The 100-year Global Warming Potential is an appropriate standard to use in calculating the environmental impacts of increased fugitive methane emissions. Scientists assess the negative impacts of releasing heat-trapping GHGsby measuring its global warming potential (GWP), or how much energy a single ton of those gases will absorb over a certain time period compared to a ton of CO2. For methane, a gas with a short residence time in the atmosphere, the 20-year GWP value is significantly higher than the 100-year GWP. In assessing the additional harm caused by increased methane emissions resulting from the 2018 Proposed Rule, EPA used the 100-year GWP for methane of approximately 25 to 28, while environmental organizations tend to use the 20-year GWP value (approximately 84 to 87).
Scientific Controversies / Uncertainties
There is controversy surrounding how to calculate the cost impact of increasing methane emissions, which in turn determines whether it is cost-benefit positive to revise the 2016 Rule to allow for the release of an additional 380,000 tons of methane over the next six years. The “social cost of methane” is used to quantify the near-term environmental and public health effects of emissions in US dollars per ton of methane emitted. Estimates for the social cost of methane were developed by an interagency working group during the Obama Administration, but the group was disbanded and its estimates eschewed by the Trump Administration in Executive Order 13783 as being “no longer representative of government policy.” In carrying out its regulatory impact analysis for the 2018 Proposed Rule, the EPA resorted to social cost of methane values based on Bush-era practices, along with recommendations from the National Academies regarding social costs, saying that this was an acceptable interim practice until improved estimates were available “based on the best available science and economics.”
Economists and law professors have criticized the Trump Administration’s decision to disband the interagency working group and abandon its work, pointing out that its cost estimates “already are” the product of best available scientific and economic data. Critics have dismissed the new Trump estimates as unreliable numbers based on “faculty economics.”
Endorsements & Opposition
- Craig Butler (Director of Ohio EPA), statement, September 11, 2018: “Today’s technical amendments recognize successful infrastructure already in place in states like Ohio to protect public health and the environment. EPA’s commonsense proposal supports state leadership through cooperative federalism and removes unnecessary red tape and burdensome duplication that only serve as roadblocks to responsible energy development in Ohio.”
- Howard Feldman (Senior Director of Regulatory and Scientific Affairs, American Petroleum Institute), press release, September 11, 2018: “We welcome EPA’s efforts to get this right and the proposed changes could ensure that the rule is based on best engineering practices and cost-effective. … U.S. air quality continues to improve as the natural gas and oil industry remains committed to reaching our shared goals of protecting public health and the environment while meeting the nation’s energy needs.”
- Kathleen Sgamma (President of Western Energy Alliance), statement, September 11, 2018: “Western Energy Alliance is pleased that EPA is fixing a rule that was purposefully designed by the Obama Administration to tie up the American oil and natural gas industry in red tape. … This new rule encapsulates the energy dominance agenda that is leading to huge increases in American energy production and jobs with dramatically lower levels of imports from overseas, all while delivering environmental protection.”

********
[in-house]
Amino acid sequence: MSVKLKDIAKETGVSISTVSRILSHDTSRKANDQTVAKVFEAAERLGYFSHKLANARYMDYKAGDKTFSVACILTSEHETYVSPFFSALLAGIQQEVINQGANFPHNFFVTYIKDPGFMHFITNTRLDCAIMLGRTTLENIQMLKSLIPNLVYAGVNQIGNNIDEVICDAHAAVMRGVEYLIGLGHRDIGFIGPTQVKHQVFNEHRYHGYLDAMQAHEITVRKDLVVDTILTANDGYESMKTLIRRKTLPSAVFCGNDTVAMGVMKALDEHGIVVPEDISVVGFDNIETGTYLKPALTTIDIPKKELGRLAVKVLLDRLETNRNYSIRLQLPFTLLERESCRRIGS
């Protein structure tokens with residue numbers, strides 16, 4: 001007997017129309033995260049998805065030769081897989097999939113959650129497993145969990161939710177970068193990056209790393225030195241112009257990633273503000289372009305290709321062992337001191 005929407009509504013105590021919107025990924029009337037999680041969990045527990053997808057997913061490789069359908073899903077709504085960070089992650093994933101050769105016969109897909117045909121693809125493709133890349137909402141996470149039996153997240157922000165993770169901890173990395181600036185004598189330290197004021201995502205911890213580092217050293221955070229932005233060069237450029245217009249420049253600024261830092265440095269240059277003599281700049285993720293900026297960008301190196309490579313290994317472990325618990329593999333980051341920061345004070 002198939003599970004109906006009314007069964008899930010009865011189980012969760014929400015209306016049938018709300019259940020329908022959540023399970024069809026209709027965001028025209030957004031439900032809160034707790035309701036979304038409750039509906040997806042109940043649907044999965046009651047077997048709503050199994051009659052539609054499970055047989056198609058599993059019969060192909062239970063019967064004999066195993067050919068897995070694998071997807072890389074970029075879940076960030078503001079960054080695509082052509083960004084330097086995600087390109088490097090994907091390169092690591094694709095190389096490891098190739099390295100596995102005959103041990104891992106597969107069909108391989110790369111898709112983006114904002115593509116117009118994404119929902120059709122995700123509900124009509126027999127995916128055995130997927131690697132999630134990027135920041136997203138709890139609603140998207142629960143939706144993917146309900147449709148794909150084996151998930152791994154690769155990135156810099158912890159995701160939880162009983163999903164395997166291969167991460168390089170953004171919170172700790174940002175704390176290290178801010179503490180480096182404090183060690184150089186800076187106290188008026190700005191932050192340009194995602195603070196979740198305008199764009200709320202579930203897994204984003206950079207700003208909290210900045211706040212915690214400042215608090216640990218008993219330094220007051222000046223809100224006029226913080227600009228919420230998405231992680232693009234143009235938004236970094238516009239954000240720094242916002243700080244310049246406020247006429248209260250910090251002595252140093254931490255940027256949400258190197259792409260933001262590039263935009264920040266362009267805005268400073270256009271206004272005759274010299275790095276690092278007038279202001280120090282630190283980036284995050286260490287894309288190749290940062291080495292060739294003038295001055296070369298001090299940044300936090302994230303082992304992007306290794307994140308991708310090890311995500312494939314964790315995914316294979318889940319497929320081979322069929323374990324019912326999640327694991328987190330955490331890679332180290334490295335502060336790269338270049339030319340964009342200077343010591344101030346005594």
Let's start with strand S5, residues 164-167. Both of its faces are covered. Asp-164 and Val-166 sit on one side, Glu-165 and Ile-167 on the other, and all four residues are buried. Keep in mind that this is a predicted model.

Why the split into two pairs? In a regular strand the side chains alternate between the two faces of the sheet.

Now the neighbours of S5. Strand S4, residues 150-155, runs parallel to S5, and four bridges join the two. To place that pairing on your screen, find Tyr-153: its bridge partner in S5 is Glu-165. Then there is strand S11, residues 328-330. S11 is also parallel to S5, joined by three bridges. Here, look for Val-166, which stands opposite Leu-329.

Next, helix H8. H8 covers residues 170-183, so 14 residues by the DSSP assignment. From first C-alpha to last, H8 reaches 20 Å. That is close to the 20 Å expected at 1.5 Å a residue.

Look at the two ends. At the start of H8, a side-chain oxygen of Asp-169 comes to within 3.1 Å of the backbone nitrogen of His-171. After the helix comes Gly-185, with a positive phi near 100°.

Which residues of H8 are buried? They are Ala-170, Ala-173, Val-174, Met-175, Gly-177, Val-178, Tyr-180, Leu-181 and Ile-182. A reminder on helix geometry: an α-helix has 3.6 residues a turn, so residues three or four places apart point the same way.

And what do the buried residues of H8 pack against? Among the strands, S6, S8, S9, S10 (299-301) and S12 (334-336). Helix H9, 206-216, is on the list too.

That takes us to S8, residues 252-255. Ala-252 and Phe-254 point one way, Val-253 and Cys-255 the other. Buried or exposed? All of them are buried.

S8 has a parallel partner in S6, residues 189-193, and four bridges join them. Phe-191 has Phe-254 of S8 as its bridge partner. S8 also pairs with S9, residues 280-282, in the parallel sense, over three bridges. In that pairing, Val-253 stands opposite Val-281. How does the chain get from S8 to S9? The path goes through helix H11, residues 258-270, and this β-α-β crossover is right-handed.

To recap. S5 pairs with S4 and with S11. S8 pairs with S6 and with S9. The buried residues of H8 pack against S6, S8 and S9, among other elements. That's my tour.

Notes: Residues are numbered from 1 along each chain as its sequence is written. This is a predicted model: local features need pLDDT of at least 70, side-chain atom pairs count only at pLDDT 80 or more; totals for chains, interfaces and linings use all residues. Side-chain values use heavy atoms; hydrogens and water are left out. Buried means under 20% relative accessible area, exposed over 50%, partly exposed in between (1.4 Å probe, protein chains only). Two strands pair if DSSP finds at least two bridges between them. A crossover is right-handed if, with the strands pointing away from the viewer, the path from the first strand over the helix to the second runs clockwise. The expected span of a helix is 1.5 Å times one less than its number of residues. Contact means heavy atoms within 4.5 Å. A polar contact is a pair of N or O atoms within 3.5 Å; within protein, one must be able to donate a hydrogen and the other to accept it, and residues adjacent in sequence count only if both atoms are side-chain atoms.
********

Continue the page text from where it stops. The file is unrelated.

- Michael Brune (Executive Director of Sierra Club), press release, September 11, 2018: “The EPA itself acknowledged that delaying these protections would harm our children. To try and gut them anyway makes it clear that, like Scott Pruitt before him, Acting EPA Administrator Wheeler is interested in lining the pockets of fossil fuel executives, no matter the cost.”
- Sen. Tom Udall (D-NM), press release, September 11, 2018: “Methane gas is a super-pollutant for climate change and today’s EPA action is wasteful and outrageous. Actions by EPA to weaken these commonsense, cost-effective oil and gas emission limits will increase pollution and endanger the health and well-being of surrounding communities.”
- Matt Watson (Associate Vice President for Energy, Environmental Defense Fund), press release, September 11, 2018: “It’s unfortunate that the Trump Administration is once again ignoring facts and common sense only to put the interests of the nation’s worst-run oil and gas companies ahead of the health and welfare of all Americans.”
- Economic impacts. The EPA expects the 2018 Proposed Rule to save the oil and gas industry $484 million between 2019 and 2025, or approximately $75 million per year, but at the cost associated with an increase in methane emissions over the same period of 380,000 tons. To show that the 2018 Proposed Rule is cost-benefit positive, EPA used interim estimates for the social cost of methane of $53 per ton, which yielded a cost of only $54 million from 2019 to 2025. According to EPA, this would mean a net economic benefit of $431 million over six years. Had the EPA used the estimates used by the Obama EPA of approximately $1400 a ton, the increased methane emissions under the 2018 Proposed Rule would yield a net cost of $532 million, meaning the rule costs more than it saves.
- Environmental impacts. The EPA acknowledges that the relaxed standards for fugitive emissions monitoring and repair schedules in the 2018 Proposed Rule would lead to a “greater increase in total emissions” of methane, as well as “increases in VOC and HAP [hazardous air pollutants] under the proposal.” Compared to the 2016 Rule, the EPA anticipated that the 2018 Proposed Rule will allow the release of at least 380,000 more tons of methane and 100,000 more tons of VOCs between 2019 and 2025. These estimates increase to 480,000 tons of methane and 120,000 tons of VOCs if the annual monitoring requirement is adopted. The agency also expects the increased emissions to “degrade air quality and adversely affect health and welfare.”